Unsurprisingly there has been a backlash to this level of activity. A prominent anti-mining activist Carlos Perez has changed his name to Yaku Perez (Yaku is the Quechua word for water) and is vehemently opposed to foreign investment in the Ecuadorian mining industry, even though he turns a blind eye to the devastatingly destructive illegal mining in the country. Yaku regularly calls for referenda on the future of mining projects in Ecuador and he will continue to delay and obstruct the industry where he can as he persists in his argument that Ecuador should be pro-water and anti-mining. Incidentally, most professionals in the mining industry are supporters of clean water, responsible employment, wealth creation, the sustainable supply of vital raw materials and are not supporters of water pollution, environmental degradation, dangerous working conditions, tax evasion and all of the problems associated with illegal mining.

Another factor is that the population of Ecuador is split between those wanting jobs and those experiencing a very human resistance to change. What does a large mine entail? Will dastardly miners raze mountains, and bury villages under toxic waste? Some fear the rapid introduction of a new industry; others have the luxury of working closely with some of the many in-country professionals and learning first-hand about the industry. Suddenly the Chamber of Mines in Ecuador went from a clubby outfit to needing to assist the government and a population learn about the role and importance of a well-regulated mining industry in society.

Predictably, some of the mining companies gamed the system. Companies bid to spend $250 million on a single exploration licence (a ludicrously large amount) over four years, only to load the vast majority of the spend into Year 4 and then make it conditional on material success in the under-funded years 1-3. Companies committed to investing multiples of their market capitalisation in early-stage exploration within a 4-year period. Stuff and nonsense perhaps, but given that it seems easier to find a near-surface deposit in Ecuador then other parts of the world, many companies were enable by the vagueness of the new mining code to put placeholders on title in the rush.

Stunned by the whirlwind of real and promised FDI, protest referenda, the arrival of most of the major mining companies, and by the general pace of events, the government closed the Mining Cadastre in 2018. The commitment to a modern mining industry is as strong as it has ever been, supported by public pronouncements, progressive changes to process and structure within the mining ministry, and of course, the stark reality of ongoing national budget deficits. But it was a case of too much too quickly. The cadastre is still closed as the government is redesigning the mineral title permitting process to make the exploration expenditure more accountable, transparent and digital. No new licences have been issued for eighteen months and although in that time wrinkles in environmental permitting and water use permitting have been ironed out, there has been a knock-on delay in exploration activity. It does mean, however, that those companies that already have a licence portfolio are at an advantage over new entrants looking to build a presence in-country.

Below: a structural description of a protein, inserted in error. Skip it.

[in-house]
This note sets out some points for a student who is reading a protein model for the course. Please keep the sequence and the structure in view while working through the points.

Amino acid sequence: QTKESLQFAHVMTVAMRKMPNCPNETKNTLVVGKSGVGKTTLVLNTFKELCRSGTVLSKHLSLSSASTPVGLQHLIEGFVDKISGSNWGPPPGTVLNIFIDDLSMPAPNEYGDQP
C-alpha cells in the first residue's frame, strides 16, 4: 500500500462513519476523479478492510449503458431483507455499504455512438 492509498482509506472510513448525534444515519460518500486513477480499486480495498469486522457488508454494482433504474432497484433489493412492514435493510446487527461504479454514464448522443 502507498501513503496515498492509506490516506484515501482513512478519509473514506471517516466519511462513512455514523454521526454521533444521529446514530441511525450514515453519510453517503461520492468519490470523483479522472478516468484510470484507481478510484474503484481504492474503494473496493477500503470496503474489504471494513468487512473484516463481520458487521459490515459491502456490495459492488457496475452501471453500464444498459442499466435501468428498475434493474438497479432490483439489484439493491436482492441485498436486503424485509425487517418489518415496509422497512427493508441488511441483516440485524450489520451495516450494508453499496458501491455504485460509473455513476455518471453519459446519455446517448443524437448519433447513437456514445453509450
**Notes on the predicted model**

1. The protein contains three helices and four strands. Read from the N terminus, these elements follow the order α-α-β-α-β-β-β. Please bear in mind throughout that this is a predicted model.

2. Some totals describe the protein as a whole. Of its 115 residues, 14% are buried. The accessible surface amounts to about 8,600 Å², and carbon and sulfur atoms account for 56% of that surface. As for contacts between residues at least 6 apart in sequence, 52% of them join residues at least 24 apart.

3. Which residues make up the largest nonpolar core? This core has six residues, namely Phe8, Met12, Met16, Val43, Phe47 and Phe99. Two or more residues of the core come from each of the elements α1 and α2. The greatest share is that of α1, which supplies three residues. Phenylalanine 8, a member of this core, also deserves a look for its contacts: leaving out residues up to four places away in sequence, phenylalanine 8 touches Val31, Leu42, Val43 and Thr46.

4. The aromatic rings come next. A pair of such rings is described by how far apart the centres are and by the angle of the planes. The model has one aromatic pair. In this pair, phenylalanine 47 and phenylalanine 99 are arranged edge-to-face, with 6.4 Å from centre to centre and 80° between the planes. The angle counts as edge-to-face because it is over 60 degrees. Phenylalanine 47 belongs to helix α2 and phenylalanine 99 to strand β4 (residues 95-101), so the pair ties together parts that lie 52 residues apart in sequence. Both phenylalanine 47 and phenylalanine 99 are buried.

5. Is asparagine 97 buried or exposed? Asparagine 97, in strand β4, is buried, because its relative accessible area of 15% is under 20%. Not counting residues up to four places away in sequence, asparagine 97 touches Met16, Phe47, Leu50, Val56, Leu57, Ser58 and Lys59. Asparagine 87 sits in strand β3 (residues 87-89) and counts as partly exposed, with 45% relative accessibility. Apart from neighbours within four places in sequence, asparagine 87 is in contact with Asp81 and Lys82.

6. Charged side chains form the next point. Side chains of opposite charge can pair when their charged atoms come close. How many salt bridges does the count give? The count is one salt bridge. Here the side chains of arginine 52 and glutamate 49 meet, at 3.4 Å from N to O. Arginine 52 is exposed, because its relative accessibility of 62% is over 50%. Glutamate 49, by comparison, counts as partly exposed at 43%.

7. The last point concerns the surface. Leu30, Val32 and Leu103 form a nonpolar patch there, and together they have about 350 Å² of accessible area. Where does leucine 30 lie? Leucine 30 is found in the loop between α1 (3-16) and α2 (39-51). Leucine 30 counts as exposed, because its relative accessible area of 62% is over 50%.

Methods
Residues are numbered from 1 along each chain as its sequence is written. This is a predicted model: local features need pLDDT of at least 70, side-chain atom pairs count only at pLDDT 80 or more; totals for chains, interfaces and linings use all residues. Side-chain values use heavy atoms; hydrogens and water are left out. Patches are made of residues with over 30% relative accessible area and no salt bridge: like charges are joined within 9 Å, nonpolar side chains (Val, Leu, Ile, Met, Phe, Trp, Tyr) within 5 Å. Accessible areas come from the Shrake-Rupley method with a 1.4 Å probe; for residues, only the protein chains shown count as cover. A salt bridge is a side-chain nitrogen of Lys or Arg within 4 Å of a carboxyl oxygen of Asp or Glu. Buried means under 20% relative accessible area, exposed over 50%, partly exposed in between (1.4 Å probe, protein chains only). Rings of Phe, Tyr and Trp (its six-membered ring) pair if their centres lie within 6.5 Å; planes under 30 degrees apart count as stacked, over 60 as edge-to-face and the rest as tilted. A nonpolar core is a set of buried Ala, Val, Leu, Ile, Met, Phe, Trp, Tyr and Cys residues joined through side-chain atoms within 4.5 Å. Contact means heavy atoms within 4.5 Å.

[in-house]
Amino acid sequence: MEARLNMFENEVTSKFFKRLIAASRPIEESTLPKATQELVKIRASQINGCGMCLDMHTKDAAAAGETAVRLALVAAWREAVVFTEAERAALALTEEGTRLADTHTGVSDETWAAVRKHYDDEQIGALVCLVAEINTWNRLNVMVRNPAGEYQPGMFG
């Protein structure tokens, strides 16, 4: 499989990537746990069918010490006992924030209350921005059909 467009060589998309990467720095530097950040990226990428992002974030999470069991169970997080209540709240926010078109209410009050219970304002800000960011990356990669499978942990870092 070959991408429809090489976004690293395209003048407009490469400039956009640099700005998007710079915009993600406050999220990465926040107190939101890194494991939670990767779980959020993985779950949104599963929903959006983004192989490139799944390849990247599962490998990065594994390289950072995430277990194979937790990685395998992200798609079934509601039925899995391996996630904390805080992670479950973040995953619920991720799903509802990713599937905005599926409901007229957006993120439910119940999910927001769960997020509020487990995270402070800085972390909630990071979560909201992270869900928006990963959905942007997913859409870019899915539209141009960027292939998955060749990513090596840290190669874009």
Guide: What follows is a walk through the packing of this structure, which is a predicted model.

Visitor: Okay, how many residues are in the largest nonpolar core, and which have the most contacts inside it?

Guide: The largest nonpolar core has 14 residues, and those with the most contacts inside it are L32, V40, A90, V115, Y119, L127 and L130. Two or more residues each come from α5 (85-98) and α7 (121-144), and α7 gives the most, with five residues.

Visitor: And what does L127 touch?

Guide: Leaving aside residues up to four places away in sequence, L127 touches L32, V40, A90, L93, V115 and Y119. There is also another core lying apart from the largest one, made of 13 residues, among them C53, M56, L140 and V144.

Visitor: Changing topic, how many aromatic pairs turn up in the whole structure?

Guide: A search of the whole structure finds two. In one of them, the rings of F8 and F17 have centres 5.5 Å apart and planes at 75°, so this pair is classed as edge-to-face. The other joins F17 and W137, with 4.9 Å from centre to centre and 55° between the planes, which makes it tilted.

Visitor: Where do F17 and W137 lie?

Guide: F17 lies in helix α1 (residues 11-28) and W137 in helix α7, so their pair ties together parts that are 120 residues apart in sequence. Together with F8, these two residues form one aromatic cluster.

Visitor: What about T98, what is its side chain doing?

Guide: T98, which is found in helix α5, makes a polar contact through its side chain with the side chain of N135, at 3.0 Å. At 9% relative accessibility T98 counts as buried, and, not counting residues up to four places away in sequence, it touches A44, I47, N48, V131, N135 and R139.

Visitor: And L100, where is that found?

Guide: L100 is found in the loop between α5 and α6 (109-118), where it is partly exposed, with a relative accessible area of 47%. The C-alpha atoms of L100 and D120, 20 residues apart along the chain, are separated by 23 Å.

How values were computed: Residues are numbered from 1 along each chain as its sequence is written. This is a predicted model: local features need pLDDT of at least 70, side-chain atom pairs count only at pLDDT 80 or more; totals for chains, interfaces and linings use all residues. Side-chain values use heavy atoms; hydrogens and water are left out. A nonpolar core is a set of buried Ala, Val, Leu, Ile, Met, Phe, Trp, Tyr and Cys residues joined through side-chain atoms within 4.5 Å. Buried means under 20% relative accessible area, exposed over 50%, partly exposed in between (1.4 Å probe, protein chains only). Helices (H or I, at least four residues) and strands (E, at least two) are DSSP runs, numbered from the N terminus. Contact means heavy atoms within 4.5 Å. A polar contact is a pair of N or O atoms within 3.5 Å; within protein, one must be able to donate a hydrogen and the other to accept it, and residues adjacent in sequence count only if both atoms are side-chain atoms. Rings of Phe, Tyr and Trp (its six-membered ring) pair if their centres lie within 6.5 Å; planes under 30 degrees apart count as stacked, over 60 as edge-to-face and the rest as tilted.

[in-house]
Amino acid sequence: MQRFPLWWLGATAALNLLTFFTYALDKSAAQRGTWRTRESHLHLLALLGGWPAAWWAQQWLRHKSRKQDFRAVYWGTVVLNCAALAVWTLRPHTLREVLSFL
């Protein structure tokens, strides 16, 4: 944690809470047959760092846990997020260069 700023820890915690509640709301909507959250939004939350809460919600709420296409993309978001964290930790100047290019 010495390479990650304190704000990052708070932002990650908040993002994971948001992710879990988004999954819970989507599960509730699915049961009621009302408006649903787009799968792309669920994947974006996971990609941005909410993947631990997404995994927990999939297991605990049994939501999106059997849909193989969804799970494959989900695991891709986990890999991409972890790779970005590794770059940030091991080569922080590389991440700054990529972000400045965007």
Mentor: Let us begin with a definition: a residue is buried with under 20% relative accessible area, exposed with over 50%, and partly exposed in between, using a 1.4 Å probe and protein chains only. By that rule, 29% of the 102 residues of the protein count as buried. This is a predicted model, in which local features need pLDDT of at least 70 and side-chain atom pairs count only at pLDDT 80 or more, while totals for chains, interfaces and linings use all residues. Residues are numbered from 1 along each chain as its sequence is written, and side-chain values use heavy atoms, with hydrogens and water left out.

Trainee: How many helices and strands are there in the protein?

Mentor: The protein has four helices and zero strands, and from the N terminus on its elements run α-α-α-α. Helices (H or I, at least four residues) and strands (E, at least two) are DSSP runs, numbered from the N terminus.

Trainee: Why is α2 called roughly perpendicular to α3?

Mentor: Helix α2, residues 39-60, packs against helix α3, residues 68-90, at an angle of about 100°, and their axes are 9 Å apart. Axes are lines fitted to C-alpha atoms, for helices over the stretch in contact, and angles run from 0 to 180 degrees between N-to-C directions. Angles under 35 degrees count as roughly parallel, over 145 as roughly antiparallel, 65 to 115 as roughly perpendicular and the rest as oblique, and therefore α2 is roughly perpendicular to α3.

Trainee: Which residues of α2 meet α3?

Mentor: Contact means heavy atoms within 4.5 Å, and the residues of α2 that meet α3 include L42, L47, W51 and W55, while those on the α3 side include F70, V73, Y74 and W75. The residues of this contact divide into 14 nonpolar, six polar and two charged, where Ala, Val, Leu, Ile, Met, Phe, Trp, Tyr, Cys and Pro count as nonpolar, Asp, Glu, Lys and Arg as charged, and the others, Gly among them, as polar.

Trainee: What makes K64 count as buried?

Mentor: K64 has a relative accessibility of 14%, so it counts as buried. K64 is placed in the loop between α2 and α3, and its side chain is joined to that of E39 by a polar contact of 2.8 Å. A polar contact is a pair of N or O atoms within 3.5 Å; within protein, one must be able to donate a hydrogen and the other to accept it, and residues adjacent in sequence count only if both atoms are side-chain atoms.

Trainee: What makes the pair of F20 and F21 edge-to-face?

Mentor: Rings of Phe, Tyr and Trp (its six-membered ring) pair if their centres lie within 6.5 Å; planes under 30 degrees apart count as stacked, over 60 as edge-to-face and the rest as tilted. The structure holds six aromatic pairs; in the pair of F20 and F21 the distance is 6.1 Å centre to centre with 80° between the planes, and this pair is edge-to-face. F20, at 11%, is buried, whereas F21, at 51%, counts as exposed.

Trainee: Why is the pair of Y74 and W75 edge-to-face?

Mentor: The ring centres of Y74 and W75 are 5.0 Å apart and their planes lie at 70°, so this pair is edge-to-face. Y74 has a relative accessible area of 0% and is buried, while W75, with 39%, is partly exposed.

Which brings me full circle, to that moment when I was standing outside the exam hall in Manchester so long ago. The study of the science of the earth continues to shine a light onto politics, economics, the environment, climate change and of course the role of mineral deposits in the development of man. I am just as excited and fascinated by the interdisciplinary nature of my subject as I was as an undergraduate, and each of those competing and complimentary aspects are manifest in the gloriously complex reality of the mining industry today in Ecuador.

Companies, such as Salazar Resources, that already have mineral title to explore have a wonderful opportunity to continue the discovery journey (discovery of an economic resource is always much more of a process than a single moment in time). Community relations and environmental stewardship are critically important, and those enterprises that can bring its local and regional population along the discovery journey with them will succeed where companies that fail to engage, encourage, and educate its neighbours will face protest and delay. The government understands the vital developmental and economic role that a responsible mining industry offers and it is working as fast as it can to create the framework for that industry to grow, and yet it is weighed down by the responsibility of having to make decisions now that will have long-lasting effects. It is no exaggeration to say that the fate of the nation depends on it. The officers and directors of companies that I know are genuinely excited about the positive transformation that a single well run mine can make to individuals, families, a community, a region, and the contribution that it makes to nation-building in a relatively small economy. And within it all there are the pure geologists among us, thrilled at the prospect of being part of a team that will make the next big discovery and bring vital commodities for our future needs to market.

Company Website: www.salazarresources.com

If you see something in this article that you agree with, or even disagree with, please let us know in the comments below.

A photo of some colourful wooly hats.

Salazar Resources (TSX-V: SRL) – The Very Model of a Major General

SALAZAR RESOURCES
  • TSX-V: SRL
  • Shares Outstanding: 126.48M
  • Share price CA$0.21 (21.01.2020)
  • Market Cap: CA$26.56M

I am concerned, when interviewing a CEO, if they are unable to clearly articulate their business plan. Call it an elevator pitch, call it a sales pitch, call it what you like, but if you, as a CEO, cannot tell me in less than 2 minutes what separates your business from the crowd and how I am going to make money, you’ve lost me; big red flag planted firmly in the ground and I am onto the next opportunity.